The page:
The waves of grief are never far away.

Our teenage son has been unwell for a week so I took him to the GP today.

He’s almost 16 but he wanted me to do most of the talking.

The GP asked if being unwell had woken him up during the night. I explained that he’s a very deep sleeper and in the past when he’s been sick during the night it was never him who woke up it was………..

I couldn’t finish the sentence, I felt overwhelmed with emotion and memories.

Simon and Leah shared a bedroom until their early teens.  Every time Simon was sick during the night it was Leah who got out of bed and came and called me.

2004 It wasn't always this cosy and they seldom shared a bed - Simon slept in the top bunk and Leah slept in the bottom bunk. We draped pretty curtains around her bed as she got older, to try and give her some privacy.
2004 – It wasn’t always this cosy and they seldom shared a bed. Simon slept in the top bunk and Leah slept in the bottom bunk. We draped pretty curtains around her bed as she got older, to try and give her some privacy.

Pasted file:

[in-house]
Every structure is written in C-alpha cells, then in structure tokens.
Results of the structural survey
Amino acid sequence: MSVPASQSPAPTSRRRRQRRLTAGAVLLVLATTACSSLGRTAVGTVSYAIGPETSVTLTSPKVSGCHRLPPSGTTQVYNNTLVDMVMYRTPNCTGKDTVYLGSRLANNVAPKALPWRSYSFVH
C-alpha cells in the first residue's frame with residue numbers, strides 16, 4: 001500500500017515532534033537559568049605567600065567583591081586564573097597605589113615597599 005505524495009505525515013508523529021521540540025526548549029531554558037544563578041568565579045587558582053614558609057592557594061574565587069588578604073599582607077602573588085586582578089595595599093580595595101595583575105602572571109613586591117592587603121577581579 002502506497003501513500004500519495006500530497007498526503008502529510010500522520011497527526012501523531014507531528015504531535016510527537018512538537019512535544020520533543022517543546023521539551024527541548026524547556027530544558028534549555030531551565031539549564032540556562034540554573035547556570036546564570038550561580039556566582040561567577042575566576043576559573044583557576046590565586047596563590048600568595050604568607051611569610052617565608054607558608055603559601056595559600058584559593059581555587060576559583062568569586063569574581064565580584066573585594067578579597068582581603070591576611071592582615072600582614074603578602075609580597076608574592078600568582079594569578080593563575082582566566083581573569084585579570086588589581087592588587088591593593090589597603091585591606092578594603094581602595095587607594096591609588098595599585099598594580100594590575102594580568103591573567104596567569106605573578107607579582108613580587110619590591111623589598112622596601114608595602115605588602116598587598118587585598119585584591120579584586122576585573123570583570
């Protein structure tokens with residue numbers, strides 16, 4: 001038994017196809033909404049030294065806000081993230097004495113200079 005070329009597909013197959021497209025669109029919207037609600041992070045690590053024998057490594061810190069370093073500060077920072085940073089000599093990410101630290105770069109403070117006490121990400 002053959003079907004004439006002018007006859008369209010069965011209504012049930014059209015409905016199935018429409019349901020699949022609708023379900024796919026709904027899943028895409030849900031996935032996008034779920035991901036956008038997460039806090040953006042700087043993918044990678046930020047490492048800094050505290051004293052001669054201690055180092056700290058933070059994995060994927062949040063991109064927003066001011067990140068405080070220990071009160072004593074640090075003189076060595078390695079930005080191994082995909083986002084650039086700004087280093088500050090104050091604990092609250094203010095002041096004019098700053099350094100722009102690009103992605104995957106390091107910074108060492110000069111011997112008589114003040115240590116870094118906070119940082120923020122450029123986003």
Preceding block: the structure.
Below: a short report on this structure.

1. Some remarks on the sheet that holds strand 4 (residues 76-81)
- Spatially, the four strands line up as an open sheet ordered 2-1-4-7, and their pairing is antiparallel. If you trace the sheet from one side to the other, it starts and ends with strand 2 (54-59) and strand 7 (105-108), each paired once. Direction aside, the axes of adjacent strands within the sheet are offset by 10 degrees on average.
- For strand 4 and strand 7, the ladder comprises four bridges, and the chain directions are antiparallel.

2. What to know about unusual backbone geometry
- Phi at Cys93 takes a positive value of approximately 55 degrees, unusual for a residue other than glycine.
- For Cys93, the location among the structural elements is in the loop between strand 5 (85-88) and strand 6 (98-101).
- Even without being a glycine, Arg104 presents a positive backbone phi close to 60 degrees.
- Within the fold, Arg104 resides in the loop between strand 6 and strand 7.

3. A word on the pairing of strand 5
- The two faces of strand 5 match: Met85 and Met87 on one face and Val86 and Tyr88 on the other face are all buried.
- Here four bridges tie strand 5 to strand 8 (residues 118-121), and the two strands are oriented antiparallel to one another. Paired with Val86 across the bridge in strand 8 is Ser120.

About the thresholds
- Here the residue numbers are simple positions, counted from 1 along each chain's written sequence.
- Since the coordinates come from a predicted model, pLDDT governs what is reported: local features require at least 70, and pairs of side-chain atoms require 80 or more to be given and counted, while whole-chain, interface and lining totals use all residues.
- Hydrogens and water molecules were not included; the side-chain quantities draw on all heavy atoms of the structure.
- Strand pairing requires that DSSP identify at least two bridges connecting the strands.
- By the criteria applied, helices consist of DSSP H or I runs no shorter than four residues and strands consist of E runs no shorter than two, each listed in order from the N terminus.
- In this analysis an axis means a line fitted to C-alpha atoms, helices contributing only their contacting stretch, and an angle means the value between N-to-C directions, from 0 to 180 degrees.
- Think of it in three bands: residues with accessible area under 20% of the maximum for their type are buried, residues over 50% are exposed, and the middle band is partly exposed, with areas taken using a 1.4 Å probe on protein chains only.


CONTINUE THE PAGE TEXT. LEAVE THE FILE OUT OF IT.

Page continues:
After leaving the GP surgery, I had to go to the chemist for a prescription and I just about held it together. Thankfully I didn’t meet anybody that I needed to speak to.

So many memories came flooding back of Leah padding into our bedroom in the middle of the night and quietly telling me “Mummy, Simon’s being sick.

In the car on the way home Simon asked me why I was shaking my head. I hadn’t actually realised that I was doing this, but I was unconsciously  trying to empty my head of the realisation that our daughter would never again pad her way to her parent’s bedroom in the middle of the night, to tell us that her brother was being sick.

I asked Simon today when had they stopped sharing a bedroom and he replied “I can’t remember – whenever Leah got fed up of me being sick during the night!